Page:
ATM and OTM Options

At-the-money and out-the-money options’ premiums in most cases have small to no intrinsic value embedded in them.

Let take for example MSFT. The stock is currently traded at $28.77

MSFT $29 March call is currently traded at .56

MSFT $30 March call is traded at .22

There is no intrinsic value in any of the mentioned options. If you decide to buy them, you are  essentially paying for the time to be right and to compensate the seller of the premium for the risk he is taking.

Options are bought for three main purposes: leverage, better risk control and hedging. In this post, I am going to focus on the first two.

At this point of time, MSFT is trading at $28.77.

MSFT $29 Call is currently offered for .56. The delta of that particular contract is .46, which  means that for the next 1 dollar upward move in MSFT to 29.77, the $29 March call premium will increase by .46 to 1.02. A 3.5% move in the underlying asset (the stock) results in 82% move in the March $29 call. (it does matter how fast this move will happen, because options are wasting assets and as the time passes the time premium declines with the pace of theta. For this particular call option theta is currently at -.0119, which means that the option premium will decline by .0119 per day, ceteris paribus).

Risk management for an option trader should not be any different than the risk management for a stock trader. Assume that your trading capital is 100k and you are willing to risk .5% of your capital on every trading idea; therefore you are putting on risk $500 every time. In stock trading knowing your risk per trade helps to define the size of your position (how many shares you can afford to buy). In the options’ world knowing your risk per trade helps to define how many contracts you can afford to buy. Every time when you purchase an ATM or OTM option, you should assume that you will lose the whole premium that you pay. Therefore never risk more than you can afford to lose. In this case .5% of your capital or $500 per idea.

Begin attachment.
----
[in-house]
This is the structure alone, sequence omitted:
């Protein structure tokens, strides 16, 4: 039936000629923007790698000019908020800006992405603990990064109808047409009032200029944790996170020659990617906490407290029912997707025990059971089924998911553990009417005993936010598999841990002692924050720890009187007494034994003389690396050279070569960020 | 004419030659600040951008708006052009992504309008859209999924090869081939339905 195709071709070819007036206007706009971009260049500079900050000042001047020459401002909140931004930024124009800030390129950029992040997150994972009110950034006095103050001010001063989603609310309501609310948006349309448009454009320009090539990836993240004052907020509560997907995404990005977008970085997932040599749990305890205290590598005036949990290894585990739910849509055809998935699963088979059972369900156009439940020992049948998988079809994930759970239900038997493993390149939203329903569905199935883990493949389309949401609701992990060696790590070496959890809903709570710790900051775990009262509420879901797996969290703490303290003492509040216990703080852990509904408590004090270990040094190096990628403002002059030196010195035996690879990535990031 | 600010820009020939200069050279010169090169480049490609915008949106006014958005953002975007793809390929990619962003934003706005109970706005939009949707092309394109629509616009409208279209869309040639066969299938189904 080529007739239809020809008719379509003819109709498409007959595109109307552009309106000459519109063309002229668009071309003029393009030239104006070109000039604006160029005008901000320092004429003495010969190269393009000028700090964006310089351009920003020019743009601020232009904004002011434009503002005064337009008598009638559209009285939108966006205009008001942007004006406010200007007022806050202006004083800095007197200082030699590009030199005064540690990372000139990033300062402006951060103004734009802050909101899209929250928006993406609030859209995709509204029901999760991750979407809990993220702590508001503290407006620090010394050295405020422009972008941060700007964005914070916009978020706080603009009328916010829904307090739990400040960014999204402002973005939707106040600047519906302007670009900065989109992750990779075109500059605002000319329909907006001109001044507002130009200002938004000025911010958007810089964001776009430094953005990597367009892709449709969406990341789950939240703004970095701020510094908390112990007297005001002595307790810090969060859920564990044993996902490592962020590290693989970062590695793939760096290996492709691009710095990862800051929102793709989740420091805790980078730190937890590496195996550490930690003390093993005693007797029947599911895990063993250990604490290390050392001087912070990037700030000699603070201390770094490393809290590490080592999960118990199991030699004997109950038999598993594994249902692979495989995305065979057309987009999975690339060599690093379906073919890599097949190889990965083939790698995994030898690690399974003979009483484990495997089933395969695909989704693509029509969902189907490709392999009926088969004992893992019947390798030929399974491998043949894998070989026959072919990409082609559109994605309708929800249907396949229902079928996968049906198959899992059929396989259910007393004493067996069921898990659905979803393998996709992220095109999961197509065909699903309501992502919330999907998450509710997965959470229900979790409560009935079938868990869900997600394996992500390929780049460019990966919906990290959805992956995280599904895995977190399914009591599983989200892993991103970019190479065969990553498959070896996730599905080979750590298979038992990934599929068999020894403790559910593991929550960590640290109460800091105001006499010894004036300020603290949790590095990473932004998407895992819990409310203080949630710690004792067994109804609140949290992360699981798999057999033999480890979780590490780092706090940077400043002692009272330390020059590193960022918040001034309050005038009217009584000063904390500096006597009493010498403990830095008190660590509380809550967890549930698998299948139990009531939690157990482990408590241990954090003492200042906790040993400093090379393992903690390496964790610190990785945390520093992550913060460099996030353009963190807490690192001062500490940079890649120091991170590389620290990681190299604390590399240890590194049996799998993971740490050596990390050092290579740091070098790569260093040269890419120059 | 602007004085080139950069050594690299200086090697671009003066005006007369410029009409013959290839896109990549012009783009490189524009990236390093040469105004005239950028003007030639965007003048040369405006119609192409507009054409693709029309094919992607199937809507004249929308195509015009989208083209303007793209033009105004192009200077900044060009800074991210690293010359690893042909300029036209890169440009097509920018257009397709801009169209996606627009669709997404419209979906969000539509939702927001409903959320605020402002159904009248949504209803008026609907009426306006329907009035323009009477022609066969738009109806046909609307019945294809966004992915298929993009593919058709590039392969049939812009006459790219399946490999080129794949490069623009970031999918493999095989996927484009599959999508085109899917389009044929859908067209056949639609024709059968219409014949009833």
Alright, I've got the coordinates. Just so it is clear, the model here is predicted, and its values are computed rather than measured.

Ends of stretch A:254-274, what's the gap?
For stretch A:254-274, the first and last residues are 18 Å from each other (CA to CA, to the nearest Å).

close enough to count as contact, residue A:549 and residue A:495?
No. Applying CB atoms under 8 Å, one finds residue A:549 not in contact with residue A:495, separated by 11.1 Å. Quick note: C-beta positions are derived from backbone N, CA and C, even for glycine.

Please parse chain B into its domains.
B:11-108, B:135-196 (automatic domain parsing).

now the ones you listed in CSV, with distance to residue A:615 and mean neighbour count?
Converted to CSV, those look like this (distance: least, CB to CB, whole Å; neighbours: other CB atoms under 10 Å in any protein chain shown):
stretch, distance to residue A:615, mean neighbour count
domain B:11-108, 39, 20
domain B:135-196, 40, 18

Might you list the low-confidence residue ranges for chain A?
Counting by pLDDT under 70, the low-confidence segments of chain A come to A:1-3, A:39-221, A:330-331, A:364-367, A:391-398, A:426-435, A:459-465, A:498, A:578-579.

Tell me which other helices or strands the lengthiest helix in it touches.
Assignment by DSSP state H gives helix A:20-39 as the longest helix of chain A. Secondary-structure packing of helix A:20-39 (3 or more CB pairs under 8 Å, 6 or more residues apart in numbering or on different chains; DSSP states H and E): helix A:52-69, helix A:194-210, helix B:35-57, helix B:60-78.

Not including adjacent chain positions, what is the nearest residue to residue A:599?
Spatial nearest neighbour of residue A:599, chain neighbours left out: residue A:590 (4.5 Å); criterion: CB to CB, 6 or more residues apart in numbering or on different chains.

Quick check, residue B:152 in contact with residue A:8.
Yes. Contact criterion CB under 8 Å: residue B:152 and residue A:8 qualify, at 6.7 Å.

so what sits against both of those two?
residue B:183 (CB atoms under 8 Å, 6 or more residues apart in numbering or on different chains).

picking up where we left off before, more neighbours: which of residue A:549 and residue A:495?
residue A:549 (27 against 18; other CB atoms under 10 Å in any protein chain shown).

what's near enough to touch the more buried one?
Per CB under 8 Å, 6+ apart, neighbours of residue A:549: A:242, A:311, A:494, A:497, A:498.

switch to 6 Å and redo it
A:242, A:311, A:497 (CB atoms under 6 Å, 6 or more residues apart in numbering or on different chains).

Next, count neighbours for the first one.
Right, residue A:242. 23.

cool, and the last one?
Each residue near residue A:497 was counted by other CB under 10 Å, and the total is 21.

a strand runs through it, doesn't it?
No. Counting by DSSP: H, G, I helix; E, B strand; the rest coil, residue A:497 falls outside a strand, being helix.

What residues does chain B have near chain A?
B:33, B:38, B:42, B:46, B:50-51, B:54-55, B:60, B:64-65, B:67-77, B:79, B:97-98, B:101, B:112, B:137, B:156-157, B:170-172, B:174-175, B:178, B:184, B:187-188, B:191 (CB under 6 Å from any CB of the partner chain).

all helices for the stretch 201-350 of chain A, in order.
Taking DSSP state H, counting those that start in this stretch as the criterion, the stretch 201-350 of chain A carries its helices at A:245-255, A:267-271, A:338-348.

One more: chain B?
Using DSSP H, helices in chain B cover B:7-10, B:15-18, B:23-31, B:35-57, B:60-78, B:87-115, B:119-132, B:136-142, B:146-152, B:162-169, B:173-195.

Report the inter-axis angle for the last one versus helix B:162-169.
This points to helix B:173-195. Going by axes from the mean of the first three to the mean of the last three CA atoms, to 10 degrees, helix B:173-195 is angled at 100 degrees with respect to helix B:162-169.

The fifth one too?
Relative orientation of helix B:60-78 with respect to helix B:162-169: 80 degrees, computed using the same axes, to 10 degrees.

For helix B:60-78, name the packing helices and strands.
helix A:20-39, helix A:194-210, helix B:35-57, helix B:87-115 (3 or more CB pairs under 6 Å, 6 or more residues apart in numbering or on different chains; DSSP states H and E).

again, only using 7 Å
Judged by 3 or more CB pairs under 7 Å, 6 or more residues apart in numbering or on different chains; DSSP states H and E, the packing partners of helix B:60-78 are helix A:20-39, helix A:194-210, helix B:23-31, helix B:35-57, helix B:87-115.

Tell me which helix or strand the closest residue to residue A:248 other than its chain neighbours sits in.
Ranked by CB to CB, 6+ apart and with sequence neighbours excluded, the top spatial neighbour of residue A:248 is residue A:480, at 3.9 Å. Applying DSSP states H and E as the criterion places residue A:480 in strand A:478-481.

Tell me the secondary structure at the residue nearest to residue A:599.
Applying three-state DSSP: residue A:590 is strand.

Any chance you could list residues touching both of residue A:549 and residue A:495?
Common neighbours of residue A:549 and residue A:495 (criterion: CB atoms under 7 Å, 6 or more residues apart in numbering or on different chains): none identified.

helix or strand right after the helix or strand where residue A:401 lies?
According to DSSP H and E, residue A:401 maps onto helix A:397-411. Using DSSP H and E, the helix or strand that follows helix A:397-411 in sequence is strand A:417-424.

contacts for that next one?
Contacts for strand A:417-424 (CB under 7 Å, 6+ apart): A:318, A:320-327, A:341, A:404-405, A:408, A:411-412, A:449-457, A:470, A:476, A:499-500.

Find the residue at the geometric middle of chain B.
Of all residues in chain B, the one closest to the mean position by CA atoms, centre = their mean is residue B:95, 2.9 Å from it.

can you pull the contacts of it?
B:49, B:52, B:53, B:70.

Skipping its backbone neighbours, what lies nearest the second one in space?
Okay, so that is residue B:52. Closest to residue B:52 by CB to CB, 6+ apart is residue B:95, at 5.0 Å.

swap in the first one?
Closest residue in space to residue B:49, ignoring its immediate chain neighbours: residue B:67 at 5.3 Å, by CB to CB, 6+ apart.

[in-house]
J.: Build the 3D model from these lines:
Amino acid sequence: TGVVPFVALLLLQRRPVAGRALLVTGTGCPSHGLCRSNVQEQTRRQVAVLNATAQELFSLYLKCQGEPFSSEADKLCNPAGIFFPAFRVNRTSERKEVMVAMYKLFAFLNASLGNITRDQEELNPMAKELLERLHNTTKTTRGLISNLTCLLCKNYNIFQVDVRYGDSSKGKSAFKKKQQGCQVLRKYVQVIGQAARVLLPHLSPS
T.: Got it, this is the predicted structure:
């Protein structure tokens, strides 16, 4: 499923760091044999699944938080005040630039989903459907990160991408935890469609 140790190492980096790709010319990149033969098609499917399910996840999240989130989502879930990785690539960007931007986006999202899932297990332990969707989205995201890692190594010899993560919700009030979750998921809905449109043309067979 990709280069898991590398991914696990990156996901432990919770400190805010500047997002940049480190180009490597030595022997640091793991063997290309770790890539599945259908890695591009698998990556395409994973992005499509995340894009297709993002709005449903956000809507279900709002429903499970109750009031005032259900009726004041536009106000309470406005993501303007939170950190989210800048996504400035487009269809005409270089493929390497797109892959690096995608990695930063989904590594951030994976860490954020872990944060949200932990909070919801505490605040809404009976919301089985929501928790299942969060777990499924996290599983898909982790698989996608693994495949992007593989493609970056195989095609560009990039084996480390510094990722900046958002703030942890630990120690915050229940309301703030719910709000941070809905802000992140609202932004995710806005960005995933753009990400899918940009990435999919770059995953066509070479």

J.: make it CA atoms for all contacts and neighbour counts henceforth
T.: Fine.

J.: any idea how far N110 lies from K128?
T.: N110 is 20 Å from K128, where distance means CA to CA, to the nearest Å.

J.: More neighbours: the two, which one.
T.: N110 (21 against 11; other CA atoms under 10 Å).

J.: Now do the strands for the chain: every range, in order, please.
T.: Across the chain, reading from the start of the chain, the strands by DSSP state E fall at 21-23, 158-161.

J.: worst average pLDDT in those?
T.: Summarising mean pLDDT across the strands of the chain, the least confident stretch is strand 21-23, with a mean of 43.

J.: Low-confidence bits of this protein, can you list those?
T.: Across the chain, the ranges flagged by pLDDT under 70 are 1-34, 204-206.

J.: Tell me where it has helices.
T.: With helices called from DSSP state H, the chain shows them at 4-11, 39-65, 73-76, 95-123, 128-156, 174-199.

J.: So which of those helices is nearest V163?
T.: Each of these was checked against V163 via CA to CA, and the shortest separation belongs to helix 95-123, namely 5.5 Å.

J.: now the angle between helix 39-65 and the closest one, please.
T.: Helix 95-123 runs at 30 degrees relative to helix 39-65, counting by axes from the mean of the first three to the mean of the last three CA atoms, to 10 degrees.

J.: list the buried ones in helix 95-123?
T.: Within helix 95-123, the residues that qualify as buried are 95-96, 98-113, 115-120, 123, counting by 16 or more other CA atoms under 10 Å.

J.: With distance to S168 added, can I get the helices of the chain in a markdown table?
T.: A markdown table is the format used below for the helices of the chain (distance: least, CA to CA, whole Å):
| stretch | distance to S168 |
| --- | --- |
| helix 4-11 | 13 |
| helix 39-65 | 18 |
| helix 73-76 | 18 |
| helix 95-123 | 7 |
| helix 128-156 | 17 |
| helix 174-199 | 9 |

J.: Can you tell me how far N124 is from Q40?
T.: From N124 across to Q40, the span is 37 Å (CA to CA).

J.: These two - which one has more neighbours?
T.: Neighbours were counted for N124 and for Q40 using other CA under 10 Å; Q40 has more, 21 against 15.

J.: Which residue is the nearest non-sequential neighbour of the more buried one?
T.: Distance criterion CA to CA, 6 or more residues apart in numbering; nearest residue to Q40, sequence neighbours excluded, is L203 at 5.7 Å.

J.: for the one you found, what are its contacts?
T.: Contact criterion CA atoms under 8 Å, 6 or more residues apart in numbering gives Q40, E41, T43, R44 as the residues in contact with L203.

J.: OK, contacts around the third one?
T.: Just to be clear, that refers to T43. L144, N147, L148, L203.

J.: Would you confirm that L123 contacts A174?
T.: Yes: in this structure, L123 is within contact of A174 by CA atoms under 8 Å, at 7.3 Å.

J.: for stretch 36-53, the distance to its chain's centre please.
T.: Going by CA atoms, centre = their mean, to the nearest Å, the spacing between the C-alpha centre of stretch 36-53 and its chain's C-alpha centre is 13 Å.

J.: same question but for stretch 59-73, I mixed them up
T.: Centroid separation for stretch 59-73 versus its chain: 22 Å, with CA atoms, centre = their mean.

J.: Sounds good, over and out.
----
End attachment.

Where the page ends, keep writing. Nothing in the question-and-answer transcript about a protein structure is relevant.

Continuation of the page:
You should be a buyer of premium (calls or puts), when

– you have a directional bias: you expect the underlying assets to make a substantial move; for example you might expect a stock to be bid up in front of its earnings’ report date.

– when you expect the IV of your option to increase; What makes an IV of one option to increase? Simply explained – an imbalance between supply and demand in favor of the demand; There are more buyers than sellers for that particular option contract. The impact of IV is measured via vega, which shows the move in the option premium for each percentage point move in the IV.

The current IV of MSFT $29 March Call is 20.5% with a vega of .0316. If the IV doubles from 20.5% to 41%, the premium of that same call option will increase approximately by 20.5*0.0316 = .65.A $.65 increase caused just by the increase in the IV. Assuming there is no change in the stock’s price and the increase in IV happens overnight, the premium of that option should become .56+.65 = 1.11.

When does IV tend to rise?

IV of calls tends to rise in expectations of earnings. As the event approaches, the perceived risk increases and there are more buyers of premium. When I am bullish on certain stock, I like to buy calls 10 to 15 days before the earnings announcement. In this case I have two out of three elements on my side – delta (assuming the stock move in the expected direction) and vega (the increase in the IV). The only element that is against me is theta, but its negative effect is often more than offset by a sizable move in IV.